These are the journeys of Bnei Yisroel. This parsha is analogous to the case of a King whose son was sick and He took him to a different place to heal him. Once they were on their way back home his father began to count all of their journeys and he told him “Here we slept, here we were cold, here your head hurt you.” So too did HaKadosh Baruch Hu tell Moshe “Count to them all of the places where they angered me. Thus the pasuk says “These are the journeys of the Bnei Yisroel.”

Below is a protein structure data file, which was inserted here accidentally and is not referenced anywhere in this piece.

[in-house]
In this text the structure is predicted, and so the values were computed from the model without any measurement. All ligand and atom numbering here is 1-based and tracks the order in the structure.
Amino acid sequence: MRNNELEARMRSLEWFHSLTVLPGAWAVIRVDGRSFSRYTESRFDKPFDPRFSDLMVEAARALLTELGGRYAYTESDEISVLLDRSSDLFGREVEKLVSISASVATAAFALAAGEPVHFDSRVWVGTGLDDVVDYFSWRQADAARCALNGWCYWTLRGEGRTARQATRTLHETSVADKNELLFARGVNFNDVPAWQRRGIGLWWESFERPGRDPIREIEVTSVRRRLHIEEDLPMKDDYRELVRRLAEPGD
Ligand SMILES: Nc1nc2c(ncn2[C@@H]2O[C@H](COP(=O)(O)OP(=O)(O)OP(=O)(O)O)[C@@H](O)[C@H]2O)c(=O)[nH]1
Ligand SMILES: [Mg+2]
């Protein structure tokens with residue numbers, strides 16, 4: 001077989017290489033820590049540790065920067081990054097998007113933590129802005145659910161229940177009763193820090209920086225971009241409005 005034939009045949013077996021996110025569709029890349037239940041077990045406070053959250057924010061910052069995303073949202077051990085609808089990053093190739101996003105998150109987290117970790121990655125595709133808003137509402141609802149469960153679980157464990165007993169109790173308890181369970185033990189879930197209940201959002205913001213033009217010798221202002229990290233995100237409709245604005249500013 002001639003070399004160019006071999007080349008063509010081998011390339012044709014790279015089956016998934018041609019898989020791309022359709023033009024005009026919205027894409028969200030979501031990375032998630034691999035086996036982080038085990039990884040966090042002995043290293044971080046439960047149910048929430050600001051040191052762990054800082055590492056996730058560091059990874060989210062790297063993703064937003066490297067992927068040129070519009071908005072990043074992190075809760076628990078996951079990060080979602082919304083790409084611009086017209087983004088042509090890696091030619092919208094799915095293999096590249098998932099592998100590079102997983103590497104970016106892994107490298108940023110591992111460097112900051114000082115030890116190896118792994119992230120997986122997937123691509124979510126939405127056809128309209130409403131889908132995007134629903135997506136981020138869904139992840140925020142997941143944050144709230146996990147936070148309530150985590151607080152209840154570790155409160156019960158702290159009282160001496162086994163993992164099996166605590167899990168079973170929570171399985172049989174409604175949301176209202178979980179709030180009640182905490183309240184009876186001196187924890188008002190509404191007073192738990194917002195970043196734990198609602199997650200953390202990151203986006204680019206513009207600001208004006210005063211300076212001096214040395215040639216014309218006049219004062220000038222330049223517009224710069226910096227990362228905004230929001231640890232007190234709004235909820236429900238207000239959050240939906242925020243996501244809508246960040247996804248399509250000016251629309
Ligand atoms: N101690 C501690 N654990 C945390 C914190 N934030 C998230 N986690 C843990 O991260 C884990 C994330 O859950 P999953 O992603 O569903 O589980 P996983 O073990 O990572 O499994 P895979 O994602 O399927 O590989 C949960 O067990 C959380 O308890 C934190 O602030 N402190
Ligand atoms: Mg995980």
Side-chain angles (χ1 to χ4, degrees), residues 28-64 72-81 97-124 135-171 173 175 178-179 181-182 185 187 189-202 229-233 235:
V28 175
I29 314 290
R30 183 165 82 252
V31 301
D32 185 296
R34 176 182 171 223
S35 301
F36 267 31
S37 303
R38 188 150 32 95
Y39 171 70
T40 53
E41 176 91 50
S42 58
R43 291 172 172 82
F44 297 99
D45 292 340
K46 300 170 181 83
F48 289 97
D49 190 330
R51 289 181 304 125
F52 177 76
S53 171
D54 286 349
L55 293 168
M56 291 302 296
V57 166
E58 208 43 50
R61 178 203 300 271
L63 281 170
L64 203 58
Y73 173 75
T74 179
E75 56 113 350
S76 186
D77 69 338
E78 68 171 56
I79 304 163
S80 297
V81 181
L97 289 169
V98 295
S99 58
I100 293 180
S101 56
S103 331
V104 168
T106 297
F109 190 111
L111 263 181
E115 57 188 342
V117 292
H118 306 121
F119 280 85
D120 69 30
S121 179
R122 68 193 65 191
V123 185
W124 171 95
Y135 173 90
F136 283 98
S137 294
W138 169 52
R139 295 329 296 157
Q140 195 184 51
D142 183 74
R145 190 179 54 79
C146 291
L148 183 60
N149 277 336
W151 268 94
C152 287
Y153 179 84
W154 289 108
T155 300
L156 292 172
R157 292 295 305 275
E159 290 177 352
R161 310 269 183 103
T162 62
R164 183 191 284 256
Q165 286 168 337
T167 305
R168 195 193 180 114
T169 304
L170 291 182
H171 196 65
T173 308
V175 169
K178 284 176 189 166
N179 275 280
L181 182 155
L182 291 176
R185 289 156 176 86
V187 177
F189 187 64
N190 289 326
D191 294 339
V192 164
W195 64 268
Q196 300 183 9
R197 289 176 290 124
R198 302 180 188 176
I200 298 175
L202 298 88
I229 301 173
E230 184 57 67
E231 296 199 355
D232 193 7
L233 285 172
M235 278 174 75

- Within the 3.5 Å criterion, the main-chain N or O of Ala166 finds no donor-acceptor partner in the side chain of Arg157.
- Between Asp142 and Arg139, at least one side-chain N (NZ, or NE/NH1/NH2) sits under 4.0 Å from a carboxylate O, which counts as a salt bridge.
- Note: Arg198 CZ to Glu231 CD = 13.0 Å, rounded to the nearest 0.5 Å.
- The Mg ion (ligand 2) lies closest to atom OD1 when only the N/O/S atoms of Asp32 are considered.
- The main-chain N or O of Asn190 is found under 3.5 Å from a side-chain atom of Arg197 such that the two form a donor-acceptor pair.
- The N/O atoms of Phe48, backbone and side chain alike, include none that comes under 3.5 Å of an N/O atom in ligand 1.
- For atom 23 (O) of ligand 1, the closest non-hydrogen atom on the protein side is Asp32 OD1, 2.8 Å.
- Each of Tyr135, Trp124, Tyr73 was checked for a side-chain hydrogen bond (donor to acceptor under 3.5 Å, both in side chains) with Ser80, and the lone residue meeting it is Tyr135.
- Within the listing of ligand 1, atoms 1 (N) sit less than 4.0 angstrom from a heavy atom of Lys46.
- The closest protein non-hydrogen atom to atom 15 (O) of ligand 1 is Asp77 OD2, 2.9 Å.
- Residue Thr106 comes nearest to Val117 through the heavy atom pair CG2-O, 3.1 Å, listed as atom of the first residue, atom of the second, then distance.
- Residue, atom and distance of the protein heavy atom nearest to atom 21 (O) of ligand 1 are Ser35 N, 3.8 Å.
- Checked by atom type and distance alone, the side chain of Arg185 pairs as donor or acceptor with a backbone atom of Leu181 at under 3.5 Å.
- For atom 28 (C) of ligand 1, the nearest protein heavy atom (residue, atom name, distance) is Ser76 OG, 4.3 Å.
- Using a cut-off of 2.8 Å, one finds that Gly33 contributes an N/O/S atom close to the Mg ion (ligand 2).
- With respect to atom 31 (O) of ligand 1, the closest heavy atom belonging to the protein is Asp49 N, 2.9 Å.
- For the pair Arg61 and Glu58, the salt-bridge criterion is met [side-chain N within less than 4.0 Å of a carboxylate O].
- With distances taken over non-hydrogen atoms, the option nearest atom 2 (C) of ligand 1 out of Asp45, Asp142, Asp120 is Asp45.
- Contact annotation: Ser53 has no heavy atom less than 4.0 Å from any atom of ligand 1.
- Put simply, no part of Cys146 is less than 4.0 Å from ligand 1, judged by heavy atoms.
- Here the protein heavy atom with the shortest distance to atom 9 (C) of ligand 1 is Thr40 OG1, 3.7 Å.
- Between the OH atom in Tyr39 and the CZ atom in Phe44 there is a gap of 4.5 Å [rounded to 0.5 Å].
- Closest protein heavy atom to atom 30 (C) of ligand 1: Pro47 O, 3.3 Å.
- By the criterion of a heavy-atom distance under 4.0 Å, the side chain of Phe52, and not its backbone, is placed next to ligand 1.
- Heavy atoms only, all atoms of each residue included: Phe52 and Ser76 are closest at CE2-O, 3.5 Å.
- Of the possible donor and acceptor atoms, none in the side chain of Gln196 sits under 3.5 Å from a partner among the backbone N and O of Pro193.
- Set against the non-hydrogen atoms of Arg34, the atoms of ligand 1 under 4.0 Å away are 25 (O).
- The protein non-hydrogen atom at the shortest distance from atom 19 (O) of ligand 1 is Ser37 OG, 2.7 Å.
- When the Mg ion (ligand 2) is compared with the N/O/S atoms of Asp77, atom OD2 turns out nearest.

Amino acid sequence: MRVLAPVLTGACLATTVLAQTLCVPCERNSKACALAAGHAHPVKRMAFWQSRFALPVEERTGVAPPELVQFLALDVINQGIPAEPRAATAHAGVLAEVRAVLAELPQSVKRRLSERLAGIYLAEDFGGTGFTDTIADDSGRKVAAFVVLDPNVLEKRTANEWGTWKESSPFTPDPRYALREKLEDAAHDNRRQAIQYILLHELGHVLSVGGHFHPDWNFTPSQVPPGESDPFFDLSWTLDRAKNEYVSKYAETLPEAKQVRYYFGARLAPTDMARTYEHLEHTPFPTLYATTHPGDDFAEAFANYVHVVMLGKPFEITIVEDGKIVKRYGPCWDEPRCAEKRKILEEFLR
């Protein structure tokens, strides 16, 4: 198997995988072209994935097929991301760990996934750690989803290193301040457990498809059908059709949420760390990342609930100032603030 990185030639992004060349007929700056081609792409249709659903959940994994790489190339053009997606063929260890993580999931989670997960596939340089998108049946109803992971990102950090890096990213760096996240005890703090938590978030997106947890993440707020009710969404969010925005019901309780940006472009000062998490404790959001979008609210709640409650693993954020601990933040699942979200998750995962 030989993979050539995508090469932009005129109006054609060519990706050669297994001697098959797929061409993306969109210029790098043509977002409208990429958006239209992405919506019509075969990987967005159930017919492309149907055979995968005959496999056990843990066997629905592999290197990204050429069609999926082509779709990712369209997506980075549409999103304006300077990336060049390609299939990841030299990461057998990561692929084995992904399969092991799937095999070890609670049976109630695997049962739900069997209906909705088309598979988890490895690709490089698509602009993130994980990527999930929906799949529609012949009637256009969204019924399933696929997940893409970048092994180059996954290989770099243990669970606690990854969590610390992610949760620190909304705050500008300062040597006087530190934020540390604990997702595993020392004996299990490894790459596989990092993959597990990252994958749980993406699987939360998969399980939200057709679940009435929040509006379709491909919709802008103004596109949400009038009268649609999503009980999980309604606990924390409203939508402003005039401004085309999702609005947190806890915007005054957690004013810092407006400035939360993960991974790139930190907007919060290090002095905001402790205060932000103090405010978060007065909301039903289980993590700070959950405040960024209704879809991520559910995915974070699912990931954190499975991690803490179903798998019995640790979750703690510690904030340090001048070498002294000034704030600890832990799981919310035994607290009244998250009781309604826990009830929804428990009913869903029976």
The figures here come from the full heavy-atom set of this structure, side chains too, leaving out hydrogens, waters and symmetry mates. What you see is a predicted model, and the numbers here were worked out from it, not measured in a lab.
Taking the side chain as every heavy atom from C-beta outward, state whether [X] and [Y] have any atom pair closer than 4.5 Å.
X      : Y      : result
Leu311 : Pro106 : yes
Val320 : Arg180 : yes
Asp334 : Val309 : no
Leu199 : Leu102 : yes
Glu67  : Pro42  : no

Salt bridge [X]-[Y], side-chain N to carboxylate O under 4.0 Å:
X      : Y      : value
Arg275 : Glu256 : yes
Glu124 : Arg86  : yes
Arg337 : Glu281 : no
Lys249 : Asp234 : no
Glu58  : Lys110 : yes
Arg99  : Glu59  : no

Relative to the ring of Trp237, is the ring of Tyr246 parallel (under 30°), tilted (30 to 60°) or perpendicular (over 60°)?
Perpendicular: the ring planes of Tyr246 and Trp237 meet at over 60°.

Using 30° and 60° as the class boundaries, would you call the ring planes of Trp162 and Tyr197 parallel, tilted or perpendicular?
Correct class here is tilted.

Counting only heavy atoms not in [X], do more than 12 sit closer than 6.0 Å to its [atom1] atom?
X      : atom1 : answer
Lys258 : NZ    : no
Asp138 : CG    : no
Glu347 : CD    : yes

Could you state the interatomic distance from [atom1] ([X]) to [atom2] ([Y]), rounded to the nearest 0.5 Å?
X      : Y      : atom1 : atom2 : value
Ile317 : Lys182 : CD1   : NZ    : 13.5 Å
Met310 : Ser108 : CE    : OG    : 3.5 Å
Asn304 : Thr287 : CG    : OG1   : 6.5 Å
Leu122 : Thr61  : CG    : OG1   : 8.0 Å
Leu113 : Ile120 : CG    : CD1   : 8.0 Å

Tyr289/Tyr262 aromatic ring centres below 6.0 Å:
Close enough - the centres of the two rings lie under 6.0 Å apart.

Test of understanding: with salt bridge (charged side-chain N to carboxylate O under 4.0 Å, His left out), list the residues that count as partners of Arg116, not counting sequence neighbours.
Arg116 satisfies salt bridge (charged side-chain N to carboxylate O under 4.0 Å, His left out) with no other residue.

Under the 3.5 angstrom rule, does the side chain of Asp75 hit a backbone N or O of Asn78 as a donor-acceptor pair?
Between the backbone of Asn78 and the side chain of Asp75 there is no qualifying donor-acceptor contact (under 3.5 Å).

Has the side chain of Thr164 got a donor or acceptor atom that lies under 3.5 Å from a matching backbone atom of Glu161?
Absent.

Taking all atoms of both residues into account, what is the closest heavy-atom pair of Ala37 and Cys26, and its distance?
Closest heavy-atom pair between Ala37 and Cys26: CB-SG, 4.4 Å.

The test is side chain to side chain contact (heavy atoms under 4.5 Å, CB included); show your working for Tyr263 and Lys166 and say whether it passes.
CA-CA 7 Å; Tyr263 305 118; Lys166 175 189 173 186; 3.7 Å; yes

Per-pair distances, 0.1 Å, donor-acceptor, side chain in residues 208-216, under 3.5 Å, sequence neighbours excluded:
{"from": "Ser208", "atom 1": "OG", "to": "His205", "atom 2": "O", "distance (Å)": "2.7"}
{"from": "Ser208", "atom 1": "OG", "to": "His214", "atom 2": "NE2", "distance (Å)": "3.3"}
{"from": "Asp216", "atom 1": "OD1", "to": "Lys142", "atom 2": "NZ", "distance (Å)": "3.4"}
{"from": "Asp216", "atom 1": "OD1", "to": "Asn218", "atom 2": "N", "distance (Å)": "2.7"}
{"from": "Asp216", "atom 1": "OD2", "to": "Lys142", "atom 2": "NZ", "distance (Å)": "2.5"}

This reading of the Medrash gives off a very different feel. A cold wind blows over the pages of the chumash as we are made to understand that Rismah refers to the smoldering coals of the spies’ Lashon Hara; that Keheilasah is the place where Korach attempted to lead Klal Yisroel in a revolt against Moshe and Aharon. As we strain our minds further and penetrate to the depths of the rest of the names we shudder twice, thrice and a few times more. We now understand that Almon Divlasuyma is a place where the well of Miriam was concealed – mis’alem – on account of their having separated from the Torah which is sweeter than a cake of dates just oozing honey everywhere – a deveila. We could go on, and anyone who cares to have a look at the Targum Yonasan on these place-names should certainly do so, but for our purposes here that is enough. This is very different from the warm fuzzy take that I received from Rashi and the Gur Aryeh. The language of the Medrash is evocative; the purpose of listing off the masa’os does not seem to be the expression of love that the Gur Aryeh proposed but one of reprimand and rebuke. It is true that mussar can only be given out of true love[1], but there seems to be a different tone in the voice of R’ Tanchuma as he expresses himself in the Medrash. The truth is that perhaps this understanding of the Medrash can help us understand the incident of the Pe’or that straddles the past three Parshiyos. I had always understood that nothing much happened during our thirty eight years in the midbar, nothing much other than learning Torah and dying. In such a context it is incredibly difficult to understand how Klal Yisroel were brought to their knees so quickly! But R’ Tanchuma gives us a different understanding. In his reading of the parsha of the masa’os there were at the very least twenty different incidents during that time in which we angered Hashem! If that is the case then it is much easier to understand what happened at the Pe’or. Having angered Hashem so many times over, we were not necessarily at the zenith of perfection and therefore were far more susceptible targets!